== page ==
I confess that the current volume has been in my possession since early October and I have been unable to bring myself to review it.  When I received this book, I was deeply disappointed.  It simply was not at all what I expected.  I recognized that there is much about the book that is wonderful, but could not quite get over my disappointment in order to write about those wonderful things.  Now that some time has passed since I first read it, and in honor of Armistice Day, I’m forcing myself past the disappointment.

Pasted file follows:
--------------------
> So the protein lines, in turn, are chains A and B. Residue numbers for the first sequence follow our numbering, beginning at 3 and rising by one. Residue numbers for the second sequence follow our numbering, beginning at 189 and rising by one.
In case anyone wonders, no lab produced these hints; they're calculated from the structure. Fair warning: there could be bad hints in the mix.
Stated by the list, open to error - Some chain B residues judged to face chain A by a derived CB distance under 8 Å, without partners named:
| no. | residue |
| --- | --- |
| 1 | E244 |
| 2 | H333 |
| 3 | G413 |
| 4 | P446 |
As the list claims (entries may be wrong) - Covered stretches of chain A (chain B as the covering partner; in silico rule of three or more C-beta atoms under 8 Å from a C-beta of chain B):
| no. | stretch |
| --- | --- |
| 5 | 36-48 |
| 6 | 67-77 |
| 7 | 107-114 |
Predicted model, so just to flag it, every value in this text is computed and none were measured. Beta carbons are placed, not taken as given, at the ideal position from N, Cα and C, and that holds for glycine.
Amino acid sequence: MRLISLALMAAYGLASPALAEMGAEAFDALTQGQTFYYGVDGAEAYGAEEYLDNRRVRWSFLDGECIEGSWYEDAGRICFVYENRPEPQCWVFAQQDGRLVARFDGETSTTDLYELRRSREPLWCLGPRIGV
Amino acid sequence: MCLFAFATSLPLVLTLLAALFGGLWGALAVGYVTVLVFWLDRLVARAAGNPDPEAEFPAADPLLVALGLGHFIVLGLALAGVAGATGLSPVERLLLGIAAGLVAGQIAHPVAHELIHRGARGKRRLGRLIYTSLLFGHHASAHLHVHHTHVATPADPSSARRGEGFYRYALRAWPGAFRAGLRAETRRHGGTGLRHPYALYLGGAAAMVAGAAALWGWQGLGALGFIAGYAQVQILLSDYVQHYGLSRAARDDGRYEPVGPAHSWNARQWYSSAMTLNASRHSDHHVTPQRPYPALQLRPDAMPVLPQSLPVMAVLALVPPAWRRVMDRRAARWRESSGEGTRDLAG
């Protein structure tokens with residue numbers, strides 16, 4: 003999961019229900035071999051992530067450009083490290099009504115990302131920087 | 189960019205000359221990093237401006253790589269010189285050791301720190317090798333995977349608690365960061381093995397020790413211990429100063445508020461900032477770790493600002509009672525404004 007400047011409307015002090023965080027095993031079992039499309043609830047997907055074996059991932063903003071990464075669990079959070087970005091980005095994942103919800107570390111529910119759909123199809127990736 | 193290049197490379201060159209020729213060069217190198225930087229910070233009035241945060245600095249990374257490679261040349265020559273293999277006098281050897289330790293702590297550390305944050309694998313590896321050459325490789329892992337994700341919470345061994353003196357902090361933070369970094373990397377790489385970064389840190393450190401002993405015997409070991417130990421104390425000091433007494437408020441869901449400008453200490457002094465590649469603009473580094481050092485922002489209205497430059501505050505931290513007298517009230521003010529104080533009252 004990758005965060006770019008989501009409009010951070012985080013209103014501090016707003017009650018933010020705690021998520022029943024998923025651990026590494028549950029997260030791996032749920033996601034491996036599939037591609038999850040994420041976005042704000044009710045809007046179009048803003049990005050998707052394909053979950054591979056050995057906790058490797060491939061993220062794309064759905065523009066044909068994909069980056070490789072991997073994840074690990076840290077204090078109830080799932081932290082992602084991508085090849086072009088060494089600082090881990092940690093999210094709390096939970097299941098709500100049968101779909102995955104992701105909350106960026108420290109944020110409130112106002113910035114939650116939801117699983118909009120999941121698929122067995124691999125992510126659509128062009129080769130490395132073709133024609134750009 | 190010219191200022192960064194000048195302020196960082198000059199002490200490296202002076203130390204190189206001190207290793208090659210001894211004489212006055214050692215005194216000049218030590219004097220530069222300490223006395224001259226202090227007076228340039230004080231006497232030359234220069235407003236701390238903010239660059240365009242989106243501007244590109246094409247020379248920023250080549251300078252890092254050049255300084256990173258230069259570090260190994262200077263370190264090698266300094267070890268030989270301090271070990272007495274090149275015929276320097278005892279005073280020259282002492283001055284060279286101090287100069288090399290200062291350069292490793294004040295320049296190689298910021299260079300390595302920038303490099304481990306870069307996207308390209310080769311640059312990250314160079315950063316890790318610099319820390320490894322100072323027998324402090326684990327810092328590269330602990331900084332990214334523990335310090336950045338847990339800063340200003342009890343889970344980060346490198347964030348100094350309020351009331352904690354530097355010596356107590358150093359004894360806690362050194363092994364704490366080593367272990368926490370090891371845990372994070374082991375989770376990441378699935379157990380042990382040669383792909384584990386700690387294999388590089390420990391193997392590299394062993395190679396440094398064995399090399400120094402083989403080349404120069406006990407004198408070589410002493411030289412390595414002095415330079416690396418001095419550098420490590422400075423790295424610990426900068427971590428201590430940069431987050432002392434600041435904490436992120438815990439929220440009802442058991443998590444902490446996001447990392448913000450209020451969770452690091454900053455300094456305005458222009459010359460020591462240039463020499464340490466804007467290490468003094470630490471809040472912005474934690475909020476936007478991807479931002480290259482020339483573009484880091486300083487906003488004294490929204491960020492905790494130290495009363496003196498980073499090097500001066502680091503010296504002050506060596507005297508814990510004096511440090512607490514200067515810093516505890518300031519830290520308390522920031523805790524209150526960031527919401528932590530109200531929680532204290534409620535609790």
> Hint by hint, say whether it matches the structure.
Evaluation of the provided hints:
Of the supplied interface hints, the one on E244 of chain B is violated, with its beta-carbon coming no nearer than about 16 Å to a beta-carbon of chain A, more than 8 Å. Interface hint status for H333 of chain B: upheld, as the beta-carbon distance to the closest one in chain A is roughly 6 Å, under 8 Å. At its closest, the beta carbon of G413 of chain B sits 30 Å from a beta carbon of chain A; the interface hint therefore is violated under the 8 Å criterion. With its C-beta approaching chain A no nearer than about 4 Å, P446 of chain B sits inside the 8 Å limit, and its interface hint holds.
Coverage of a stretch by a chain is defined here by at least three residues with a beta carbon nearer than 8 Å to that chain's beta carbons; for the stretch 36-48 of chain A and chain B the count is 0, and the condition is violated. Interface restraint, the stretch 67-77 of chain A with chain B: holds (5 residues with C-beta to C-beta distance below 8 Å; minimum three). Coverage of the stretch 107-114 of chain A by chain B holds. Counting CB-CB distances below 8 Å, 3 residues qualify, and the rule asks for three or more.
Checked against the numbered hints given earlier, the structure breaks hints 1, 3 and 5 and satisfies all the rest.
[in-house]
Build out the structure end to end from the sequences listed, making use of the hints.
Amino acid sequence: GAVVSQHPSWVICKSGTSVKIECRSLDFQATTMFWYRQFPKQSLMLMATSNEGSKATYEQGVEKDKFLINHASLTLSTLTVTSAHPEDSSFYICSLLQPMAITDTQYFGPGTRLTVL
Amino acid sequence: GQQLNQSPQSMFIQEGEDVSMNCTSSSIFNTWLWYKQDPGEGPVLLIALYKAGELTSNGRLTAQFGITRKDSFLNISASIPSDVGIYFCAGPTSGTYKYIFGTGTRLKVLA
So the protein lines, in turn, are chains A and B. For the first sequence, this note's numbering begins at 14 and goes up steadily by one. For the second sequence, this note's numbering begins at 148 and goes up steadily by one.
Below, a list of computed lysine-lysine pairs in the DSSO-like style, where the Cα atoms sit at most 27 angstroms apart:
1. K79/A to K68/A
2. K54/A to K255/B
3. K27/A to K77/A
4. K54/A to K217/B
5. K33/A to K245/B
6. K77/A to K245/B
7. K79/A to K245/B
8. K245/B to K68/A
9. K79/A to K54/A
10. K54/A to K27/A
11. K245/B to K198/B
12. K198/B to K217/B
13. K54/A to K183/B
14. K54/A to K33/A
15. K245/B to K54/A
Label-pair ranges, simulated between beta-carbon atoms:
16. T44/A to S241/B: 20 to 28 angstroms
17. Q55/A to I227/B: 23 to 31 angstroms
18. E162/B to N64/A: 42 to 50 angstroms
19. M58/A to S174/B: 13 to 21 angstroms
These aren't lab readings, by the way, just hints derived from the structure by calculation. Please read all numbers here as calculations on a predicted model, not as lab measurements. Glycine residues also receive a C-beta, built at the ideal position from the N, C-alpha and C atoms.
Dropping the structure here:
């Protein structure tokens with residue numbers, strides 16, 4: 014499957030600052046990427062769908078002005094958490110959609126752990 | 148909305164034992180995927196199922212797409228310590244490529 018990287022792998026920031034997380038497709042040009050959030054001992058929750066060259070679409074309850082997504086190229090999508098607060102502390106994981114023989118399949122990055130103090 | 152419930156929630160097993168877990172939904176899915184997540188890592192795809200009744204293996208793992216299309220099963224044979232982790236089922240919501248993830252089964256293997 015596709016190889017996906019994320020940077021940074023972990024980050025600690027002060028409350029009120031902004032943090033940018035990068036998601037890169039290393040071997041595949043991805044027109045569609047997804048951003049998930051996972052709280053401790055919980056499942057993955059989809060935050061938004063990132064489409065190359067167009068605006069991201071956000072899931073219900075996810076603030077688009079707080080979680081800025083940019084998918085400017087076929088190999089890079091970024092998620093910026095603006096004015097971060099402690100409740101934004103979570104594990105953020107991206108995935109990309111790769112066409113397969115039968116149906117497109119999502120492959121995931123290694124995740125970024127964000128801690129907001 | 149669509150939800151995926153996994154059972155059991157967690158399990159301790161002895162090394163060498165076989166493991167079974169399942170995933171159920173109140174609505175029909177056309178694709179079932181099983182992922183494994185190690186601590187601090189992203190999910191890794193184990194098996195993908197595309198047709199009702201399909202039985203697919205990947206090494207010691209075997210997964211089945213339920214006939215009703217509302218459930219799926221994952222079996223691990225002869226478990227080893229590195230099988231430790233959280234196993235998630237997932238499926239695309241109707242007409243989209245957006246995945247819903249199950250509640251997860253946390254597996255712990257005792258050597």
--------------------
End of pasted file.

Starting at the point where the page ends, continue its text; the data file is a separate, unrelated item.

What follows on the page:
This book is not a detailed history of knitting during World War I.  In fact, it contains very little text at all, and the existing text has little in the way of analysis.  The primary purpose of the book is to compile (the first line of the acknowledgements actually says, “In the process of compiling this book…” Compiling, not writing, like most acknowledgements state) and reproduce images related to knitting during the Great War.  The introduction and first chapter contain the majority of text in the book.  By about halfway through the book, the text barely exists at all and the last 30 pages are pictures with captions.  If you read the text contained in the pictures, the captions on the pictures, and what passes for the main text of the book, you often read the exact same thing three times.  This is what I mean when I say the text contains little analysis.  It also contains few stories, favoring a straight forward factual approach — this happened, then this happened.  The author didn’t even take the opportunity to remind us that Lord Kitchener, the British Secretary of State for War during World War I, developed the Kitchener stitch to provide a seamless sock pattern for the women at home to knit.  Seams rubbed against soldiers’ toes, causing discomfort and pain.  Seamless socks were important to the war!  But none of this is discussed in the book, and it seems like such low-hanging fruit for a book about Knitting during the Great War.  This lack of discussion and analysis is the source of my disappointment with the book.